So if the newspapers aren’t employing enough people to gather news properly, how do they find enough stuff to fill their pages? Well, the first source is wire services (the Press Association, AP, Reuters etc). At least those are real journalists, although they are overstretched themselves and only claim to offer accurate quotes rather than true fact-checking. But all the news outlets are getting their stories from the same wire services, so it doesn’t exactly produce variety. The whole system becomes one big echo-chamber.

And the other huge source of content is PR. A huge percentage of so-called ‘news’ is directly reproduced from someone’s press release. Isn’t that reassuring.

The book also gets into the world of government propaganda, including the truly staggering scale of CIA spending on media and propaganda during the Cold War (did you know the the CIA owned loads of foreign newspapers? I mean, seriously, what the fuck?) and the suggestion that the War on Terror has given them an opportunity to ramp up their activity again. It looks into the ‘Dark Arts’; i.e. illegal news-gathering activities by British newspapers, including but not limited to the phone-hacking which has been in the news lately. And there are some case studies of bad practice: the decline of the Sunday Times Insight team (key quote: ‘there are some journalists who would rather inhale vomit than work for Andrew Neil’), the failure of the Observer in the build up to the Iraq War (inexperienced editors seduced by their cosy relationship with Number 10 end up just parroting the government line), and the Daily Mail (for being the Daily Mail, basically, except that the racism of the paper is even more overt than I appreciated).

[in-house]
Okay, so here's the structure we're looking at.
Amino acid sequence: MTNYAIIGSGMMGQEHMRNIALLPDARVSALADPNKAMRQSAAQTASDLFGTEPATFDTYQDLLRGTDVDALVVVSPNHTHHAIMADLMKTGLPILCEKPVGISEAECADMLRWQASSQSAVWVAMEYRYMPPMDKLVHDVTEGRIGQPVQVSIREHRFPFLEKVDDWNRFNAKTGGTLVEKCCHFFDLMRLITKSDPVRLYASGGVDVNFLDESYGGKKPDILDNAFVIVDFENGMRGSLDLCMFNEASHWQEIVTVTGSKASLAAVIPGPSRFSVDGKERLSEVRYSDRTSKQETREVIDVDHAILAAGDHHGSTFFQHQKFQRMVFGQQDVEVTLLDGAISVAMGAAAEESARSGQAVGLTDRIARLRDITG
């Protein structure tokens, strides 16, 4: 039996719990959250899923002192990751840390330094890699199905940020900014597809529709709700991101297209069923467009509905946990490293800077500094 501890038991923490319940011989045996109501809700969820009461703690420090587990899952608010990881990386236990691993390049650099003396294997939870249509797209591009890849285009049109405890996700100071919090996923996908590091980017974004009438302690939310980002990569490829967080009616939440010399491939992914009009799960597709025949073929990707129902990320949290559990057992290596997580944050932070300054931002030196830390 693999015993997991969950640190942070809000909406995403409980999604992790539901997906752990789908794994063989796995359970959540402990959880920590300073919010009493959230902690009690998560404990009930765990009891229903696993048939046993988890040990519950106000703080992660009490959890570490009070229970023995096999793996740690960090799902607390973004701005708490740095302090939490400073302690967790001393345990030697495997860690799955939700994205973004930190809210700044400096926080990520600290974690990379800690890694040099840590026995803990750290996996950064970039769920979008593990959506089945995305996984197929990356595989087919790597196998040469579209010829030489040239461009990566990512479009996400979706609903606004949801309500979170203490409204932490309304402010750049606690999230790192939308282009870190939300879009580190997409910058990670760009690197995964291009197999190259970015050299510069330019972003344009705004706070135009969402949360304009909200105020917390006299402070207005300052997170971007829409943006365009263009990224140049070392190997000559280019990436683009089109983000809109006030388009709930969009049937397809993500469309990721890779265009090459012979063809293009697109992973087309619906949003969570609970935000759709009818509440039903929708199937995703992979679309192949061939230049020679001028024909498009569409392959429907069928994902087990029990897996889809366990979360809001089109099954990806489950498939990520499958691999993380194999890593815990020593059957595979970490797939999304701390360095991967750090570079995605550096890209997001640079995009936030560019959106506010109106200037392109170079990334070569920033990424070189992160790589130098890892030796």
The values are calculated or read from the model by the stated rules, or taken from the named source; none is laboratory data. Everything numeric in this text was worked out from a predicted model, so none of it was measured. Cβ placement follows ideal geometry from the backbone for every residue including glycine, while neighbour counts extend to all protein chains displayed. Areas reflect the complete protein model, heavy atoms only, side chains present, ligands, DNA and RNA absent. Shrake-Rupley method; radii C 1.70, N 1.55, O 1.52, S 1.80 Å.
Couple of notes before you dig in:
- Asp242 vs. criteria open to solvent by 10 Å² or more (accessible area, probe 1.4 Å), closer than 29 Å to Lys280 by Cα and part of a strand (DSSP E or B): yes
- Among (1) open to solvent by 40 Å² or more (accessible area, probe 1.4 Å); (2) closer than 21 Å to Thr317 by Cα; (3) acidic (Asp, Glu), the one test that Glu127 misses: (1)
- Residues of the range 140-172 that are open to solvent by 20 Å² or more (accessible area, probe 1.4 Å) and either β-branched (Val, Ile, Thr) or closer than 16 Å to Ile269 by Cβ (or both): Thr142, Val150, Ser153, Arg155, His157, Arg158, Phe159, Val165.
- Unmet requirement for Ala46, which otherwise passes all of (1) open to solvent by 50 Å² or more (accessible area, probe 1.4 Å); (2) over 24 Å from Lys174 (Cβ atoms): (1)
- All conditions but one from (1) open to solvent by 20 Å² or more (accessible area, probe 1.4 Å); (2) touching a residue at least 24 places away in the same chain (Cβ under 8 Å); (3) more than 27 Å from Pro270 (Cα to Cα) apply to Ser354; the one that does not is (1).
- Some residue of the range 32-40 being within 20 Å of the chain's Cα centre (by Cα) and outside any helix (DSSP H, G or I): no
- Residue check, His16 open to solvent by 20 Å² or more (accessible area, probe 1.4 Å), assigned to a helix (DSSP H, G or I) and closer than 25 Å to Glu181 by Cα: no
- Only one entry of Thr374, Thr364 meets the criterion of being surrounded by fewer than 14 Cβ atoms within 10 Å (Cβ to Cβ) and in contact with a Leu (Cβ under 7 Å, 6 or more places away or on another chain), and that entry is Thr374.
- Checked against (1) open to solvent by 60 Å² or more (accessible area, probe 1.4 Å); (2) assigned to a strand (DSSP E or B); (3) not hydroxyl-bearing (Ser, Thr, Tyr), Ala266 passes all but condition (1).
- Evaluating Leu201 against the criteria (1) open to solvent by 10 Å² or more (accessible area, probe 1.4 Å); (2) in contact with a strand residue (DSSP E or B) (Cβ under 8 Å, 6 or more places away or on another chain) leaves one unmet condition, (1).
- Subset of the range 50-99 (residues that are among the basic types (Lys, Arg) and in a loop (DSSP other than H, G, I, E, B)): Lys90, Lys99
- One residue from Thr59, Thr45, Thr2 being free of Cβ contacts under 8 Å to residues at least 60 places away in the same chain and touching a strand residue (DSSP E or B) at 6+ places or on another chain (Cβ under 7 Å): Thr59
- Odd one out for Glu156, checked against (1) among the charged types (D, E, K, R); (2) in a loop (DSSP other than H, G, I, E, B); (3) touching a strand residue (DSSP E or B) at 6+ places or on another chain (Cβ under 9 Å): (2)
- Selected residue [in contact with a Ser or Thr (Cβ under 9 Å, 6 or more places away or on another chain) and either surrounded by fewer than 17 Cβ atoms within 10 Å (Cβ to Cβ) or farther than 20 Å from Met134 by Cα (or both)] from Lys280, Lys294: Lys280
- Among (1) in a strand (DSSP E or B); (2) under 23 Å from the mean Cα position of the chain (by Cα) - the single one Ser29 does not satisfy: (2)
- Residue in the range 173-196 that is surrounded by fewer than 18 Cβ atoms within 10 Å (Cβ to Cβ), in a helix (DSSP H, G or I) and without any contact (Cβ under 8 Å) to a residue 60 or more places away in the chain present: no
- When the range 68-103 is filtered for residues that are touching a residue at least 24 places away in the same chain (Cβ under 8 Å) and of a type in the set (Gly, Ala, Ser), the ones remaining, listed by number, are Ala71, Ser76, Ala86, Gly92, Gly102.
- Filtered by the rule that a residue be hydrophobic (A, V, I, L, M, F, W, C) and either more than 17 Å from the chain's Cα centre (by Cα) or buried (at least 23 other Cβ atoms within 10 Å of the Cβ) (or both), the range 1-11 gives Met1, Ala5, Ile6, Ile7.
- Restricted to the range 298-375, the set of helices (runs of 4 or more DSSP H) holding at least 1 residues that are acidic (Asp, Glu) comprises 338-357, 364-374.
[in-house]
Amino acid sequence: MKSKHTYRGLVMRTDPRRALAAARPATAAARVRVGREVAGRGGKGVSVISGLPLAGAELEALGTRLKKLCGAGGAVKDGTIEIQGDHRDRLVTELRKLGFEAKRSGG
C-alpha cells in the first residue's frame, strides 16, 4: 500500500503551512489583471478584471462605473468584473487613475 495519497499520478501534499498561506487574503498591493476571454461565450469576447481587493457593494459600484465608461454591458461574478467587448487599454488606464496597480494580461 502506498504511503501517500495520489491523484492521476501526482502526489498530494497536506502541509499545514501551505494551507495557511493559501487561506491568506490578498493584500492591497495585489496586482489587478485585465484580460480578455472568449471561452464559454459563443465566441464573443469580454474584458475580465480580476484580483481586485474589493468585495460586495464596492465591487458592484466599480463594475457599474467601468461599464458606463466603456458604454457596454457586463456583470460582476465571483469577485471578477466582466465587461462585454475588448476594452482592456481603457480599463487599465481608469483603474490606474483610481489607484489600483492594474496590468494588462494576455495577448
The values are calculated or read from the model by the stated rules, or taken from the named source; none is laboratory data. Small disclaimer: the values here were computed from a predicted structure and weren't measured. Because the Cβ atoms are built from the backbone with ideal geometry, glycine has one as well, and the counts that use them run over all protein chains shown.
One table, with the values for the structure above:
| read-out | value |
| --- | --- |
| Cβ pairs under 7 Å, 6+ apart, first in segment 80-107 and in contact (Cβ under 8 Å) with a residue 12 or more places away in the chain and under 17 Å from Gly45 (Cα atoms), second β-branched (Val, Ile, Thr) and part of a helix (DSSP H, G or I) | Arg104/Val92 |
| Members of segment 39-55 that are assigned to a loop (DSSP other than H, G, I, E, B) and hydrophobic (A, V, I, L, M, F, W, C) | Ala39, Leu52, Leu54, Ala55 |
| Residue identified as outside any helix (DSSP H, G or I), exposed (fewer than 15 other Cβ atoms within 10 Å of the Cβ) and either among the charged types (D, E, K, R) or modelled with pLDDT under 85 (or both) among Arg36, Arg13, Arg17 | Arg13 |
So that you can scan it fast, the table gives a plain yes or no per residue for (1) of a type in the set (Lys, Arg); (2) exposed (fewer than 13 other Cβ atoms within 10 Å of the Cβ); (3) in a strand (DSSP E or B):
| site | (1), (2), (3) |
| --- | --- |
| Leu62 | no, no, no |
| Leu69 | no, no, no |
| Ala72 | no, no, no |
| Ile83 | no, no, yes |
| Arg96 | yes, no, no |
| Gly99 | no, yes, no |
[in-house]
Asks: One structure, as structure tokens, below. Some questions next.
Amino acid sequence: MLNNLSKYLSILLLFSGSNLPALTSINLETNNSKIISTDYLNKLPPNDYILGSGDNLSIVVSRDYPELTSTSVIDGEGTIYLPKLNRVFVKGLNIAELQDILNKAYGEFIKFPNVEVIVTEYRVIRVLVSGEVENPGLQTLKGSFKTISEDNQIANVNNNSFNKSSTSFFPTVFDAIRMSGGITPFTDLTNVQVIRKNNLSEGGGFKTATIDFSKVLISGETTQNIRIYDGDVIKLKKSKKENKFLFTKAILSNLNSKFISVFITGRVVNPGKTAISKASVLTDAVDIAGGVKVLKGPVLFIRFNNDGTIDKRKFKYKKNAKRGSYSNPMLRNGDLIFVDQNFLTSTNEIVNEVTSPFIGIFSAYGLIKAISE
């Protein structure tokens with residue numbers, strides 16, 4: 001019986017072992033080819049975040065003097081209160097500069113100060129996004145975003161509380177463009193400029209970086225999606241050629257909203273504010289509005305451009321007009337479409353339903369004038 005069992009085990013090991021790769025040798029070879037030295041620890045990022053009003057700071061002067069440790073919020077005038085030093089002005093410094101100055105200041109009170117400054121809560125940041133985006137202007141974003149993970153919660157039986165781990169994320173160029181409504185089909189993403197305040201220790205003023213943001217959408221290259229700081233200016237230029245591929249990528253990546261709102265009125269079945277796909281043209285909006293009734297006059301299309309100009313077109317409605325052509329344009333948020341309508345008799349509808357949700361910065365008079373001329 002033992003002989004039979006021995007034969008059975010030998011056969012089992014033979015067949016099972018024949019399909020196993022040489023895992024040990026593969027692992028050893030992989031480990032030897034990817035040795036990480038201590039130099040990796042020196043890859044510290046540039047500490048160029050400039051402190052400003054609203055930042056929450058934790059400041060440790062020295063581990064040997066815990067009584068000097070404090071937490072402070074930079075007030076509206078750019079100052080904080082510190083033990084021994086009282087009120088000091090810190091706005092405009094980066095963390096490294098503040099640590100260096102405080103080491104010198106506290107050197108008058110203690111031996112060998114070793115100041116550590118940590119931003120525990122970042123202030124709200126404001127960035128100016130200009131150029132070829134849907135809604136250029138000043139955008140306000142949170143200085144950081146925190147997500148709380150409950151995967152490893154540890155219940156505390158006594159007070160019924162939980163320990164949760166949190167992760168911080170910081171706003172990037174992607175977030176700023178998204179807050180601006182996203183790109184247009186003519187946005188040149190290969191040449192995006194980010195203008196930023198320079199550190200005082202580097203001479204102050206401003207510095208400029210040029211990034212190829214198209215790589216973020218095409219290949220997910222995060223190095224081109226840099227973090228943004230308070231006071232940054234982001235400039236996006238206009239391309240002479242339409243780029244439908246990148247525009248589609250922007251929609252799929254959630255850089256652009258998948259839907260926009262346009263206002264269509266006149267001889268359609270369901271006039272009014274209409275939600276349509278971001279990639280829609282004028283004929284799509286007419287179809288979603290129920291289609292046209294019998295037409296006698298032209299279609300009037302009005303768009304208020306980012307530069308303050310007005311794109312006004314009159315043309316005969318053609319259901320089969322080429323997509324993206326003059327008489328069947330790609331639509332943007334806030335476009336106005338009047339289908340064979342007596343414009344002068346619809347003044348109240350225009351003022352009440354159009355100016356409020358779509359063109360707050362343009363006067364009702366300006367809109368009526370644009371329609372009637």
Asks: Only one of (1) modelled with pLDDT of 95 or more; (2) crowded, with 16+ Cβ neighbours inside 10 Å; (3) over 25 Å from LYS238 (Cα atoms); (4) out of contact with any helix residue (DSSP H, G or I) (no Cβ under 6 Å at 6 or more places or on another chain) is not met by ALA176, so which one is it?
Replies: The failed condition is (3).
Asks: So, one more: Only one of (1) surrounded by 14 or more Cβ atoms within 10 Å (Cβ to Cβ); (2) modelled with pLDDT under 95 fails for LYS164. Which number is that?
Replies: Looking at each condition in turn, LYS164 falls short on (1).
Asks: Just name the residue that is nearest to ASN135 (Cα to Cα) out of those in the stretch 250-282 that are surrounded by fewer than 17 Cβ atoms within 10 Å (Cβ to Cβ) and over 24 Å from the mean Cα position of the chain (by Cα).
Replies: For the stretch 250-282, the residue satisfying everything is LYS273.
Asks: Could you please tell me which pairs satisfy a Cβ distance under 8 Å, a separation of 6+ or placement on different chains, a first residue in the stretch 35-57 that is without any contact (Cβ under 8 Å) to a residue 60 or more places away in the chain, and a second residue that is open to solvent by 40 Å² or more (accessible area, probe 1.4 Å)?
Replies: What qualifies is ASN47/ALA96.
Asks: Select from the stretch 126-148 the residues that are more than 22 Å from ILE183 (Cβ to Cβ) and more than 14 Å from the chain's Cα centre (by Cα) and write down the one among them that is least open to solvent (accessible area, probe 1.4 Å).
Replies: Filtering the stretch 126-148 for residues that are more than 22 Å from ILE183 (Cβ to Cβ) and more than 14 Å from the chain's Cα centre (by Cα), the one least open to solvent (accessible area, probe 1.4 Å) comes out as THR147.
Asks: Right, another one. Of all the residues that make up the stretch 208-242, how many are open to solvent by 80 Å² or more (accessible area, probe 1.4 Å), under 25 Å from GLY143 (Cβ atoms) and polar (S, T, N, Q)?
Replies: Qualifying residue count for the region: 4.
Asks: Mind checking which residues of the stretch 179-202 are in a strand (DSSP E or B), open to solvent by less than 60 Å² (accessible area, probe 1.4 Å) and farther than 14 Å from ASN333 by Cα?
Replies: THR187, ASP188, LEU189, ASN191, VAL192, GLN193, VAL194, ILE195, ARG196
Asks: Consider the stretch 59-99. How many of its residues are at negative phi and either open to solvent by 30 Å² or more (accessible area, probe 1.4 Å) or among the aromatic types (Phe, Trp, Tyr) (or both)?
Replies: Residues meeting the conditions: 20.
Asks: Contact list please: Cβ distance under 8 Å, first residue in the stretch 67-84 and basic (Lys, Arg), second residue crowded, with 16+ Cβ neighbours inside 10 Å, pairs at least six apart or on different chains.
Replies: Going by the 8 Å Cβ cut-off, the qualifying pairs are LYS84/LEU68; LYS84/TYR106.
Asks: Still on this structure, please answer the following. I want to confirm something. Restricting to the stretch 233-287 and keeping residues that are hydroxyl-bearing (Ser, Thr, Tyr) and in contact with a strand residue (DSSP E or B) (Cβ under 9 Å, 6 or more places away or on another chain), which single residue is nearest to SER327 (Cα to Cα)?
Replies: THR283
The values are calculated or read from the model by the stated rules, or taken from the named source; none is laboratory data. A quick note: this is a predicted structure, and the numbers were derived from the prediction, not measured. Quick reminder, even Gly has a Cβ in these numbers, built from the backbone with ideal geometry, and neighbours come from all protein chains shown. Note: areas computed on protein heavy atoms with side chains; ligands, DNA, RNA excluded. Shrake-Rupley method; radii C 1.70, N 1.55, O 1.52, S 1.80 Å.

Anyway, it’s thought-provoking, interesting stuff. I’ve no idea how fair it is, but it all has the dismal ring of truth to me.

Egypt, the cricket, and dead tree news